TAMPA — They were supposed to be the anchors of the 2013 Buccaneers, a veteran group that would mesh up front to power an effective ground game and excel in the protection racket.
But with only two games remaining in a dreary season, the Tampa Bay Buccaneers’ offensive line acknowledges its share of the blame for the league’s least productive attack.
“We’ve got to pick it up, and we’ve got two games left to really prove it,” said left tackle Donald Penn, a former Pro Bowler who faces the NFC’s top sacker, Rams defensive end Robert Quinn, on Sunday.
“We’re last in the league in offense and we were top 10 (ninth) last year. That’s a big drop. My season has been up and down ... and that’s not me.”
Penn, who has started 106 consecutive games, has plenty of company in that regard.
Right guard Davin Joseph has endured a challenging season coming off knee surgery. Bucs coach Greg Schiano said Joseph played his best game of the year last week against the 49ers, but Tampa Bay’s prideful captain struggled early to establish a physical presence.
When the Bucs signed Carl Nicks from New Orleans as a free agent in 2012, they thought they were getting the NFL’s premier guard in his prime. But an injured toe and a MRSA infection that recurred this fall have caused Nicks to miss 21 of a potential 30 games with Tampa Bay.
Nicks, Penn and Joseph signed lucrative, long-term contracts in recent years. The two steadiest players have been the least costly in the group — right tackle Demar Dotson and center Jeremy Zuttah.
“Demar’s been playing great football this year,” Penn said. “My hat’s off to him.”
The Bucs were routinely pushed around up front in September while averaging only 11 points per game. There have been some high points — the opening half at Seattle comes to mind — but Tampa Bay has usually lost the duel in the trenches.
“Yeah, I’d say that’s a pretty accurate assessment, an inconsistent performance,” Schiano said of the unit’s overall play. “There have been times we have played well. Kind of phasing guys in, getting them all going at the same time, that’s been a little bit choppy. But then there have been other times when we have had everybody and still not been great.”
The Bucs have started the same five players up front for seven consecutive games, with varying results. Tampa Bay has rushed for at least 140 yards in four of those games, but failed to run for more than 66 yards in the other three.
The absence of Nicks, a two-time Pro Bowler who didn’t miss a game in his final three seasons with the Saints, has been significant.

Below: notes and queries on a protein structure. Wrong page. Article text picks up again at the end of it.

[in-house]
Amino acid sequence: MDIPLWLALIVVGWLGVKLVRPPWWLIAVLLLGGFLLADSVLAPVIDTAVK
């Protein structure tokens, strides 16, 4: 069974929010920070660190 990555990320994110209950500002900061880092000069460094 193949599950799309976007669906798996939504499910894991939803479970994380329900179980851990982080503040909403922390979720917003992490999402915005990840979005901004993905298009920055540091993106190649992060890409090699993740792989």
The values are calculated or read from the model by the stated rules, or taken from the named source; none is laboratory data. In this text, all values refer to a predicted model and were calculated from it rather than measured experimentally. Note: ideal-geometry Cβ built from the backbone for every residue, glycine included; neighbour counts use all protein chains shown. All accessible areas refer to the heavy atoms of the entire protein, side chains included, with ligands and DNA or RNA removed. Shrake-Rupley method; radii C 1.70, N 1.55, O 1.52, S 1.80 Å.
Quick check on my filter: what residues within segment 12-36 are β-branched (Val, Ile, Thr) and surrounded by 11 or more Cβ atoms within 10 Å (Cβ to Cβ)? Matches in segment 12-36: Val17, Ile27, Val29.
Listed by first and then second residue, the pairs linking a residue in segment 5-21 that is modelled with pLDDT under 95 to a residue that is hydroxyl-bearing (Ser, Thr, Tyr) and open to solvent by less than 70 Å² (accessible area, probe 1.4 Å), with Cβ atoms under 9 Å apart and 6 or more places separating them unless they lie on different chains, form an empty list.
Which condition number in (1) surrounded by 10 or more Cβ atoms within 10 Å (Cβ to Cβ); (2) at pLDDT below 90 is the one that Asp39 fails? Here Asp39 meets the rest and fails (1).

Lining up next to five different starters at left guard this season, Penn hasn’t performed up to the standard that earned him a six-year, $41.7 million contract before the 2010 season.
“I didn’t do a good job last week,” Penn said. “Aldon Smith’s a heck of a player, but I’m a good player, too. It’s frustrating. We haven’t had all five guys together for a long period of time. It’s tough, but I don’t make excuses. At the end of the day, we’ve got to get better.”
The Bucs added tight end Tom Crabtree, a solid blocker, in free agency, but he played only seven games due to an early high ankle sprain and a torn biceps that ended his season. Tampa Bay averages 115 yards on the ground with Crabtree in the lineup and 96 without him.
“When the running game doesn’t go, it’s our fault,” said Dotson, who has made significant strides in his second year as a starter. “At the end of the day, the majority of it lies on us.”
Rookie quarterback Mike Glennon (31) and Josh Freeman (seven) have been sacked a combined 38 times and Tampa Bay’s offensive line faces a stellar pass rush Sunday at St. Louis.
In addition to Quinn, a dynamic candidate for NFL Defensive Player of the Year, the Rams also boast defensive ends Chris Long (6.5 sacks) and William Hayes (5.0), who dropped Drew Brees last week in a 27-16 victory against the Saints.
The Bucs haven’t used a premium draft pick on an offensive lineman since 2008, when they selected Zuttah out of Rutgers in the third round. Given the erratic play up front this season, the Bucs could be tempted to bolster that unit early in the 2014 draft.
And with Nicks’ future uncertain, changes are likely in store for a group that has admittedly underachieved for most of the year.
“We’re not playing to our capability,” Penn said. “We do at times, but ‘at times’ gets you (4-10). ‘At times’ isn’t good enough.”